In June 2014 I decided to undertake The WOT challenge.
In June 2015 I finished The WOT challenge.
Here is my interview about it with . . . err . . . me.
Q. What’s The WOT challenge?
A. Reading all The Wheel Of Time books back to back.
Q. Is that a trilogy?
A. 5 trilogies.
A. Exactly, 15 books (including prologue). It’s a series of high fantasy novels by the late Robert Jordan (pen name of Oliver Rigney Jr.). Completed by Brandon Sanderson after Mr Jordan’s passing, it weighs in at a total of around 4.4 million words.
Q. 12 months reading 1 series of books? Was it worth it?
Q. Will you do it again?
A. At some point – once I can look at someone with a braid in their hair and not think of the Two Rivers’ Womens’ Circle or see a skirt and not think of ‘smoothing it’ or ‘plucking at it’.
Q. Any regrets?
A. – There was a moment in the middle of the series where I wondered whether I had made the right decision. There were other (non swords & sorcery) books that I wanted to read, I was running out of space on my shelves and there are some passages that drag in places (Valan Luca, I’m looking at you…)
But . . .
Those other books weren’t going to go stale. And for every braid pulling, muttonheaded moment in The WOT there were passages that were gripping. For each dip in the middle of the central books, there was a rise towards the end that carried them over to the next. For every man that would never understand a woman and vice versa (Nynaeve, I’m looking at you…) there were moments of ‘how did he (they) come up with that?’ For every ‘good’ character that we lost, there was an equally satisfying comeuppance for the ‘bad’. And some of the sense of humour (Talmanes, I’m looking at you!) and creativity (e.g. the use of ‘Gateways’ in the Last Battle) towards the end is fantastic.
Q. “It’s all been done before/ it’s a rip off of LOTR/ what’s with the bible references/ it’s a black and white cliche/ just look at sentence X as an example of him being a bad writer…”
A. Blah blah woof woof. Yes. Many of the themes have been done before. Most stories have been ‘done before’, most songs have been sung before. Many stories, regardless of the setting, explore similar themes: loss, alienation, hate, revenge, jealousy and so on. In other words, love – feeling, ‘owning’, the lack of, search for or resentment of love. (And possibly also death and the fear of dying and failure, these fears are arguably very similar). Life and living comes down to one thing – love. All these essential elements of any type of story telling through words, sound or picture are present in The WOT.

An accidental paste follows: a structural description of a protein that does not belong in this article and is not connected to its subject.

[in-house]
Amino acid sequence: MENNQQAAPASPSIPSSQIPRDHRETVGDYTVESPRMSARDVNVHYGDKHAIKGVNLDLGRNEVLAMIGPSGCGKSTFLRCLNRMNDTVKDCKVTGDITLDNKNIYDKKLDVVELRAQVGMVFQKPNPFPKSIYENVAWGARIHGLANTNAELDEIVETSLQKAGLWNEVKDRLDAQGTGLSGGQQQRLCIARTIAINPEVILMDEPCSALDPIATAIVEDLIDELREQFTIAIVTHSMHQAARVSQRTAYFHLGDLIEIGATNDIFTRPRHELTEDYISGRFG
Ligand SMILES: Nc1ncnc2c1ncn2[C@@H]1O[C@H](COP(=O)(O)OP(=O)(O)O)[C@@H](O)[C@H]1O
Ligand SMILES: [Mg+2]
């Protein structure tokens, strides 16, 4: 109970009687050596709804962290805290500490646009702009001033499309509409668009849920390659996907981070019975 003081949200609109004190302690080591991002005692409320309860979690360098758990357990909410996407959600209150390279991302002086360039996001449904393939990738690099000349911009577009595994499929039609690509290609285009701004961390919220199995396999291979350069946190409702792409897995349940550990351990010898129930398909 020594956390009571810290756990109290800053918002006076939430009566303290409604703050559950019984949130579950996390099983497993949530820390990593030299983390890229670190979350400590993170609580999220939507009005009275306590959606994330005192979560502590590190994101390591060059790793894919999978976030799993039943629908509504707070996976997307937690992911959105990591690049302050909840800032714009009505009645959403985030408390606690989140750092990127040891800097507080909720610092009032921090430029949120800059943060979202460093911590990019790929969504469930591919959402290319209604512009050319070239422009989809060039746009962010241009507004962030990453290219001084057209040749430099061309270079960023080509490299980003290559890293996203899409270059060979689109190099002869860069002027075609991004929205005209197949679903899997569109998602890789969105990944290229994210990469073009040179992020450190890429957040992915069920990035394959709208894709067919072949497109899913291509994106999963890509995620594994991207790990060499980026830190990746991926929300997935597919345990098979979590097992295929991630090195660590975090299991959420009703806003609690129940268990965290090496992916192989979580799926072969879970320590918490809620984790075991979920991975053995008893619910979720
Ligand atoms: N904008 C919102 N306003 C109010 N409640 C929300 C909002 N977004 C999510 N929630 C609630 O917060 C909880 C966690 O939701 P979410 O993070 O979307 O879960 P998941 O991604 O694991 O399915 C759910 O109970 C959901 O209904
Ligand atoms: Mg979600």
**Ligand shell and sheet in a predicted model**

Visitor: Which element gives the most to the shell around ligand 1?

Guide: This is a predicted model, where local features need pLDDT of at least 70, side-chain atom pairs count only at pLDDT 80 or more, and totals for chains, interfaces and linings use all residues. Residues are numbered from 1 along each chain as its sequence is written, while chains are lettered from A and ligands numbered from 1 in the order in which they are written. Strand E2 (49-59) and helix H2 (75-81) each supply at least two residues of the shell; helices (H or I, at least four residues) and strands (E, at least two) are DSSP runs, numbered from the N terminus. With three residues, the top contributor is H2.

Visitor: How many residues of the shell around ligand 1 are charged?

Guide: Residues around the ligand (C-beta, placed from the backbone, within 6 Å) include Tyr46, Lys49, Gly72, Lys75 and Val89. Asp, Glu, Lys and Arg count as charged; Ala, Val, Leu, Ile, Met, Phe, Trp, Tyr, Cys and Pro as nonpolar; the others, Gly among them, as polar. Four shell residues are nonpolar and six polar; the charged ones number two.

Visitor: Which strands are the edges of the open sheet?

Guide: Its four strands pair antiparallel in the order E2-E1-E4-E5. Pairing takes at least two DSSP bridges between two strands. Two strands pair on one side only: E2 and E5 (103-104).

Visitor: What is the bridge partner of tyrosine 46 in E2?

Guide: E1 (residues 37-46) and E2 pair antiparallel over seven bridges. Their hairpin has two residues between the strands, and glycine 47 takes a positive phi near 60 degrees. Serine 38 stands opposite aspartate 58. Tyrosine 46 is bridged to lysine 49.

And for those of you who are pulling out one sentence as an example of Mr Jordan being a ‘bad author’. Count the number of words in that sentence and then work that out as a percentage of the total number of words in the series.
Q. – Enough teenage cod psychology, back to the challenge! Why did you do it?
A. First reason – I hadn’t found time to read the last book (The Memory of Light) after it was published. When I started reading it I had forgotten some of the details. Logical solution: read everything again.
Second reason – I had given up on fantasy novels, I thought I was too old for them. Then George R.R. Martin became an ‘overnight success’. (1) All of a sudden, fantasy was acceptable again. I gave into peer pressure and read Game of Thrones and really enjoyed it. Yes, GOT is more graphic and realistic than many fantasy novels and has so been deemed by some as more ‘grown up’ (2) and so is ok to read. But for me, it was a logical step to read WOT again. Going back to my formative days as a reader (Druss, Belgarion, Sam Vimes and, yes even you, Frodo Baggins, I may be looking at all of you again at some point).
Third reason – why not? (3)
Fourth reason – a friend of mine had just started the challenge and inspired me to do the same.
Q. As a reader what did you get out of it?
A. A lot of enjoyment.
Q. As a rookie author what did you get out of it?
A. The imagination put into the world building (‘Randland’) and the histories are both inspiring and daunting. As for how the authors managed keep track of the various plots and characters, I have no idea. I have a lot to learn. A lot. Really. Lots…
Q. What was your thought on finishing the series?
A. Is there going to be a sequel?
– X –
1 – I’m being ‘ironical’.
2 – ‘Adult fantasy novels’ sound very different to ‘grown up fantasy novels.’
3 – This post is turning out a little more gushing that I planned. WOT is a fantasy series. It’s not everyone’s thing. I get it.
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